As regards the other arguments raised, I recognise the strength of the feelings of the noble Lord, Lord Boyd-Carpenter, and of the noble and learned Lord, Lord Simon of Glaisdale. However, I believe that it would be neglectful of me not to convey to your Lordships the strength of feeling within the Procedure Committee on two previous occasions, not just a week or so ago.

I acknowledge, with support, the point made by my noble predecessor in this post, the noble Lord, Lord Ampthill. I shall certainly have a look at the suggestion that the noble Lord made as regards correspondence. The question of a possible Division also arises in the light of what the noble Lord had to say.

I turn now to the arguments which the Procedure Committee considered, having done so on three occasions recently. The first was the timetable for such Bills--a point that was touched upon by one of your Lordships this afternoon; I believe that it was the noble Lord, Lord Graham of Edmonton--which is both fast moving and very difficult to predict. Therefore, the view that the Procedure Committee had before it and accepted was that debates would arise with very little warning and very little opportunity for noble Lords to prepare for them.

As regards another place--another point that has been raised this afternoon--under Standing Order 54(1), which is the one that applies, the other place is now prohibited from debating Consolidated Fund Bills. Even when they were debated prior to recent changes in supply procedure, it was, as noble Lords here who have been in another place will confirm, minor constituency matters which were the main elements of those debates.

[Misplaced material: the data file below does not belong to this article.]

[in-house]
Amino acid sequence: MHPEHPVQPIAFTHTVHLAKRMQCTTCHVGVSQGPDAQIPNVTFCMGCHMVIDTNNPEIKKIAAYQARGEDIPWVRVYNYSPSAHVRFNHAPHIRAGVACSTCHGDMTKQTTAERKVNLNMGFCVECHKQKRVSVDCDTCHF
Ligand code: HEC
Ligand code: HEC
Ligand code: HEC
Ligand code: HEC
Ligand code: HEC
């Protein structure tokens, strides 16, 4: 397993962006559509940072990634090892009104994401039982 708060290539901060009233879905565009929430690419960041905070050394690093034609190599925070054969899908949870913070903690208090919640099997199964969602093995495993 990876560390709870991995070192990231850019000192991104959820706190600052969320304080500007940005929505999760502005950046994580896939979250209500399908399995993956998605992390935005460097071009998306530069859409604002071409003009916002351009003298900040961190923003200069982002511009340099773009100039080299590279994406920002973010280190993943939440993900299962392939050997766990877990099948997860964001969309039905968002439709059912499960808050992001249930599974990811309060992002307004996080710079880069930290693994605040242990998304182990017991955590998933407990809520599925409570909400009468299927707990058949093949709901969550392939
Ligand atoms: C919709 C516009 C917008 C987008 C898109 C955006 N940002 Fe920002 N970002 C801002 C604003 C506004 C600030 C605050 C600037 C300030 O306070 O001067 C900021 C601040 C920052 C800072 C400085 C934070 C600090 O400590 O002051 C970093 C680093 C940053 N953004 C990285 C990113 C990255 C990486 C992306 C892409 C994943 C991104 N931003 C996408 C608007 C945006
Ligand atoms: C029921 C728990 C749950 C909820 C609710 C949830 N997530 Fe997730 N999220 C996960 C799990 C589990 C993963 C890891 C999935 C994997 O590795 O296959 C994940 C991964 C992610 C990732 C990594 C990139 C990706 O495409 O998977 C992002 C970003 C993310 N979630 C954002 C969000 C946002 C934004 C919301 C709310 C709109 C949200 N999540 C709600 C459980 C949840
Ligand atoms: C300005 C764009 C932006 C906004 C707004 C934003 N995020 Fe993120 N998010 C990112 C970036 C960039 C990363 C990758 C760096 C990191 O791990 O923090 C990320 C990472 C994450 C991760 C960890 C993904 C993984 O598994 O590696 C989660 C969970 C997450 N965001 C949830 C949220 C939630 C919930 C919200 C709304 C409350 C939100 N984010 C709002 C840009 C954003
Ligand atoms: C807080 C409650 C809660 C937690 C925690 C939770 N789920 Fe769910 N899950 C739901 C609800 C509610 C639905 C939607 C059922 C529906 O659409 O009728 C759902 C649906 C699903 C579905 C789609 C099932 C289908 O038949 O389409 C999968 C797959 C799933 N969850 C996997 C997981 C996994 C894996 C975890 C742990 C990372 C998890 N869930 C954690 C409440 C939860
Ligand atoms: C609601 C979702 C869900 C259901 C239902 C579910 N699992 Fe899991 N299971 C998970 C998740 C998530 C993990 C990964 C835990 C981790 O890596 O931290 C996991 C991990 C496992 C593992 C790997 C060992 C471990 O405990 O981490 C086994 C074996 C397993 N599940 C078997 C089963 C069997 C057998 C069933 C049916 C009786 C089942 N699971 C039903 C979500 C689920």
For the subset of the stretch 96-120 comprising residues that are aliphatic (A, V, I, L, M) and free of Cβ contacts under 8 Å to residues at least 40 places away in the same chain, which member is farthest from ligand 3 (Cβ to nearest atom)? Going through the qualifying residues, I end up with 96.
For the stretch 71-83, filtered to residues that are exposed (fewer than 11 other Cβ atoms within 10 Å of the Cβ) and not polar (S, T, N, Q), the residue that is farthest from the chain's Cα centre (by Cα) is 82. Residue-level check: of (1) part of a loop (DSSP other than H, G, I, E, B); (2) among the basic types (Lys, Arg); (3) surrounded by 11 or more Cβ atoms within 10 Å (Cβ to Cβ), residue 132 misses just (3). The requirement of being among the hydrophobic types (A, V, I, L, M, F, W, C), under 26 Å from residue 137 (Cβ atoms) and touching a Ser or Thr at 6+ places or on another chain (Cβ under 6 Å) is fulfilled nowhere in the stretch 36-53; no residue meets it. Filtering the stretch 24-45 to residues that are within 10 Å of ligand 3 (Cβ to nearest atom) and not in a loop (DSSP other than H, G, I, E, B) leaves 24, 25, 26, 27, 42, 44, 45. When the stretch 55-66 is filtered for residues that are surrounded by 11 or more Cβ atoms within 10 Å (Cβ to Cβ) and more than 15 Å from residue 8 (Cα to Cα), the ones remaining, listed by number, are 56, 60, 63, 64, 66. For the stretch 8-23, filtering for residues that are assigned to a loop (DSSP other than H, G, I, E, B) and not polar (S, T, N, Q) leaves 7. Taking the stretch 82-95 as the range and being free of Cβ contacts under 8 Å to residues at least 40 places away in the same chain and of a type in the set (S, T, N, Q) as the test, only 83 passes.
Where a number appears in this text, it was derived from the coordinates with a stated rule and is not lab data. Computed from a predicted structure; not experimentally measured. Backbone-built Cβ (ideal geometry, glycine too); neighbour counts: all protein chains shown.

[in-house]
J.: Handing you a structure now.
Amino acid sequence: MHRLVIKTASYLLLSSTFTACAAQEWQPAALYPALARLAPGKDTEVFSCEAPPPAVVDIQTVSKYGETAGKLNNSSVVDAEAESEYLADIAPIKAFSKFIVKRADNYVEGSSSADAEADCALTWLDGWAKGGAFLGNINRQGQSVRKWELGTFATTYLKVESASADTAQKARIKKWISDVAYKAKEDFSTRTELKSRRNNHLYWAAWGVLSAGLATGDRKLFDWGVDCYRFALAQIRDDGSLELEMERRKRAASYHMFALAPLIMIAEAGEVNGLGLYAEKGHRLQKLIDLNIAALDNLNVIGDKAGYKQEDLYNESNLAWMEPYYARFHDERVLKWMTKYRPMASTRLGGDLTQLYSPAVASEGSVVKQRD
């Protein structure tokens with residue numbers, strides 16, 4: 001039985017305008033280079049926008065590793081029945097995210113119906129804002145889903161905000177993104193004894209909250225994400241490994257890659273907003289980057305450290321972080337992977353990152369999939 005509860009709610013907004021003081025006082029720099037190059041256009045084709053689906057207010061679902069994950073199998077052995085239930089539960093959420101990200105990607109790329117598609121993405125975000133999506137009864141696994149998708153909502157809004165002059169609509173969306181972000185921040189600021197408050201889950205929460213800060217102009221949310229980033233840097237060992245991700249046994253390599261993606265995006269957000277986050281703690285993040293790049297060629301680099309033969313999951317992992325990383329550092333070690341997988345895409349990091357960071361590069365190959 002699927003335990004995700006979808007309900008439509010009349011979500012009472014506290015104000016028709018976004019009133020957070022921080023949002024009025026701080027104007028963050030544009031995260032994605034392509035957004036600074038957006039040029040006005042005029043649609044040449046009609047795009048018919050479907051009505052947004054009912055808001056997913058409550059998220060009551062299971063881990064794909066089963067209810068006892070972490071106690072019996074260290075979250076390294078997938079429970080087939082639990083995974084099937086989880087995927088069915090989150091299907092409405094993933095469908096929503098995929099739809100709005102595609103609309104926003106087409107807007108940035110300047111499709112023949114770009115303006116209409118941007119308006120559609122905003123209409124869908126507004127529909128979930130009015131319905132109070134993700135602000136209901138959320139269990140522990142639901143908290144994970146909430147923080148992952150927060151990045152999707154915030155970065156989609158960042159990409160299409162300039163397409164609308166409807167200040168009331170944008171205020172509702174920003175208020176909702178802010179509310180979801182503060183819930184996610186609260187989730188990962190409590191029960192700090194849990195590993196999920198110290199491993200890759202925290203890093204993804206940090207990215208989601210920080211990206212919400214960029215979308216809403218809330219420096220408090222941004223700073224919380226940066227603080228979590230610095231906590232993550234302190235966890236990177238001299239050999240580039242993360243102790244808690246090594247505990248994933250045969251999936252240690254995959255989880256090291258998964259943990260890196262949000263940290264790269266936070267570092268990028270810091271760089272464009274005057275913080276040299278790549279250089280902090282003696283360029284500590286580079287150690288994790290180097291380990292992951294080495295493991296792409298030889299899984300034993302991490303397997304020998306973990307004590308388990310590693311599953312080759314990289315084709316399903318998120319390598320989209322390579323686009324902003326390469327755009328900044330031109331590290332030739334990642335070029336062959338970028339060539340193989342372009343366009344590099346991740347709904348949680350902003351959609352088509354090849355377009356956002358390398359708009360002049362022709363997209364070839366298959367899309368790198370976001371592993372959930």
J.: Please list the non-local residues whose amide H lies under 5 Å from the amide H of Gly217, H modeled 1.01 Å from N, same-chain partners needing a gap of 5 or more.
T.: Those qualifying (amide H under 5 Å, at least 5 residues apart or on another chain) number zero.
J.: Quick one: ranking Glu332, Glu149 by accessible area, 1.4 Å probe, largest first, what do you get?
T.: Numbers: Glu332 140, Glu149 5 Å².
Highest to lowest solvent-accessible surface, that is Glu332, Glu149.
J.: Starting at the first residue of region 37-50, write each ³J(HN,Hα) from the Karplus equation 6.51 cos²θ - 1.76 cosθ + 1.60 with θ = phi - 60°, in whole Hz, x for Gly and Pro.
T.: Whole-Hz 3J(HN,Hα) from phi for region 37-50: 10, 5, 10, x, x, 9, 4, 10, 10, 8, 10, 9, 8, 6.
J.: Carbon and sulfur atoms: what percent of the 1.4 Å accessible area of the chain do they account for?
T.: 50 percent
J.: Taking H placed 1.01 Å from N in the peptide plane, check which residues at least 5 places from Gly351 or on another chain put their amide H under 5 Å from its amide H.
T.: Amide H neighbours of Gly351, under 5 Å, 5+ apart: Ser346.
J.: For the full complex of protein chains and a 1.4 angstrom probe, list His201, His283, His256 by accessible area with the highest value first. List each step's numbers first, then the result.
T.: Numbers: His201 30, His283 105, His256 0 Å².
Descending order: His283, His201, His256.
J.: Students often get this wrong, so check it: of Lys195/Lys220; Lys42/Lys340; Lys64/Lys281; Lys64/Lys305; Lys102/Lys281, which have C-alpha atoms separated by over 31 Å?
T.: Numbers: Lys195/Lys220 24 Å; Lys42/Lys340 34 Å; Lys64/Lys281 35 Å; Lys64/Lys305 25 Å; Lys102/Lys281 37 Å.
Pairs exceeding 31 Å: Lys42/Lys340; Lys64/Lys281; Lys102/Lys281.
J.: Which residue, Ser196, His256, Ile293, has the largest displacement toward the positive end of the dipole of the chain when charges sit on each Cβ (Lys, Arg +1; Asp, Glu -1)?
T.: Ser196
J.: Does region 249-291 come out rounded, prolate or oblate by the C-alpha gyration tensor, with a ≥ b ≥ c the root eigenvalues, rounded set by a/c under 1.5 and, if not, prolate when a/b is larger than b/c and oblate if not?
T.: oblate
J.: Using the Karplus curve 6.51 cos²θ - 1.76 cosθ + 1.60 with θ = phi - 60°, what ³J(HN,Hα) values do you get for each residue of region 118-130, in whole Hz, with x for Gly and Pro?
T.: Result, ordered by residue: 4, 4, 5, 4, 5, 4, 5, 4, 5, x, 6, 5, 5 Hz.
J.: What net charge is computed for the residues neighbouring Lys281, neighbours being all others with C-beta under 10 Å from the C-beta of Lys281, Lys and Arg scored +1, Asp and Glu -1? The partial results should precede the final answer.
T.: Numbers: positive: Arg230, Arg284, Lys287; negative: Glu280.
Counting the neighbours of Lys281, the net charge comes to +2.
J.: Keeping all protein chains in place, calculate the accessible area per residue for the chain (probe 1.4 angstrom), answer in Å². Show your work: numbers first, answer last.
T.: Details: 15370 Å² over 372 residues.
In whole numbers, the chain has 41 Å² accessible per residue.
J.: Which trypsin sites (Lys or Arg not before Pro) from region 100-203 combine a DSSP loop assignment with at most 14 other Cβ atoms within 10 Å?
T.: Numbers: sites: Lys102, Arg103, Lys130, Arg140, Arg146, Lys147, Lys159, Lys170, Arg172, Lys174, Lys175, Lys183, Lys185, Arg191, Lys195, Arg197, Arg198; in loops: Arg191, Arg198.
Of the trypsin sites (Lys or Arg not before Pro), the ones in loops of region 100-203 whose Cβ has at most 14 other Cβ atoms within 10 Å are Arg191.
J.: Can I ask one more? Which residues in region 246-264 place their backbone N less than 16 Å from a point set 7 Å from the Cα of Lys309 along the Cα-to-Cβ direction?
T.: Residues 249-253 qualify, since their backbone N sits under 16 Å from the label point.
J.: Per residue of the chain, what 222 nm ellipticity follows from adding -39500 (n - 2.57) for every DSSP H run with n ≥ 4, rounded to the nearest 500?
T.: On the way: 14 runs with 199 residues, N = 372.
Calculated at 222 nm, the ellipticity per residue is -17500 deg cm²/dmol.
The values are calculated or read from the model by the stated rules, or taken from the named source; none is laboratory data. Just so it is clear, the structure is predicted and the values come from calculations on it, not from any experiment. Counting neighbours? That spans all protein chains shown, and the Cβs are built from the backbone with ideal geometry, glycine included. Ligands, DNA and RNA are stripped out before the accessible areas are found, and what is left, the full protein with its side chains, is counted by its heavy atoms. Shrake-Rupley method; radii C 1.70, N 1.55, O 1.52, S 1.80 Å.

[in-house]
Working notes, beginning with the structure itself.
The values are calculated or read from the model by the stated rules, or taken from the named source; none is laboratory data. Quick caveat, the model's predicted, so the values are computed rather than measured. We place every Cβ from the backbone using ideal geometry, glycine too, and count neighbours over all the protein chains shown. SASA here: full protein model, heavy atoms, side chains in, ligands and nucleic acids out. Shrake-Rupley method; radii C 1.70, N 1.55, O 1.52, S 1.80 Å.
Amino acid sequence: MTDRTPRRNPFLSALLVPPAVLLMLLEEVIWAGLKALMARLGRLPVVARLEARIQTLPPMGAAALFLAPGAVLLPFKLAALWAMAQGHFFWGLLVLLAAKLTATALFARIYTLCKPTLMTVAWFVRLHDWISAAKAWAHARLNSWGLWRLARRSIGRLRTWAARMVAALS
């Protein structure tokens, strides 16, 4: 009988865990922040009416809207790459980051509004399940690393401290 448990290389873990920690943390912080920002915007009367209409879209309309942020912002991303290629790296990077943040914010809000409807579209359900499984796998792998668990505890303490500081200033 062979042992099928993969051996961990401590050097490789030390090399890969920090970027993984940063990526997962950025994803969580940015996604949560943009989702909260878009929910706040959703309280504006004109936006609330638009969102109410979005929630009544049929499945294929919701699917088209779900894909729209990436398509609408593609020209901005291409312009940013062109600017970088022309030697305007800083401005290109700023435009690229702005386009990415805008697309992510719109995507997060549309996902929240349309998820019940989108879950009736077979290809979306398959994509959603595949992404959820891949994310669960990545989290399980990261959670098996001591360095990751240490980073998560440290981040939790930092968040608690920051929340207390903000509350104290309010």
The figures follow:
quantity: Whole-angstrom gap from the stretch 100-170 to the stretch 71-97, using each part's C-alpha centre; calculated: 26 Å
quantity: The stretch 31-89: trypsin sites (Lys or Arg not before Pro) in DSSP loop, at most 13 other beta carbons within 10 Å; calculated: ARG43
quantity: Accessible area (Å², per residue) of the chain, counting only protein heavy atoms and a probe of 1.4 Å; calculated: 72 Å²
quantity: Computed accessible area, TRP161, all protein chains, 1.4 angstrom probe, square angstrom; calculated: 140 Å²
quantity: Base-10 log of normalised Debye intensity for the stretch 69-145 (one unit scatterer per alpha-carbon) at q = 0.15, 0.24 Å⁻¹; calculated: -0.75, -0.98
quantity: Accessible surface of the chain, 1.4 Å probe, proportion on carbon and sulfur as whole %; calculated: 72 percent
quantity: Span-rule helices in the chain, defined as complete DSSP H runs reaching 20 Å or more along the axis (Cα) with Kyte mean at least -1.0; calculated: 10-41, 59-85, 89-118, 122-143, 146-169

So far as concerns Consolidated Fund Bills and their content, there is some misapprehension among a very small minority of noble Lords. They merely sanction the issue of money from the Consolidated Fund. They have no direct relevance either to the health or otherwise of the economy. Again--and this is another matter which was considered by your Lordships' Committee and also mentioned this afternoon--while the Companion of this House indicates that privilege is not an issue, the principle of comity exists between the two Houses on certain matters. I appreciate that, from time to time, we acknowledge differences. Indeed, if I may say so, I am among the first to say to your Lordships' House that the way we go on is a matter for ourselves and not for another place. However, as I said, on certain matters in particular there is the principle of comity between the two Houses. I submit to your Lordships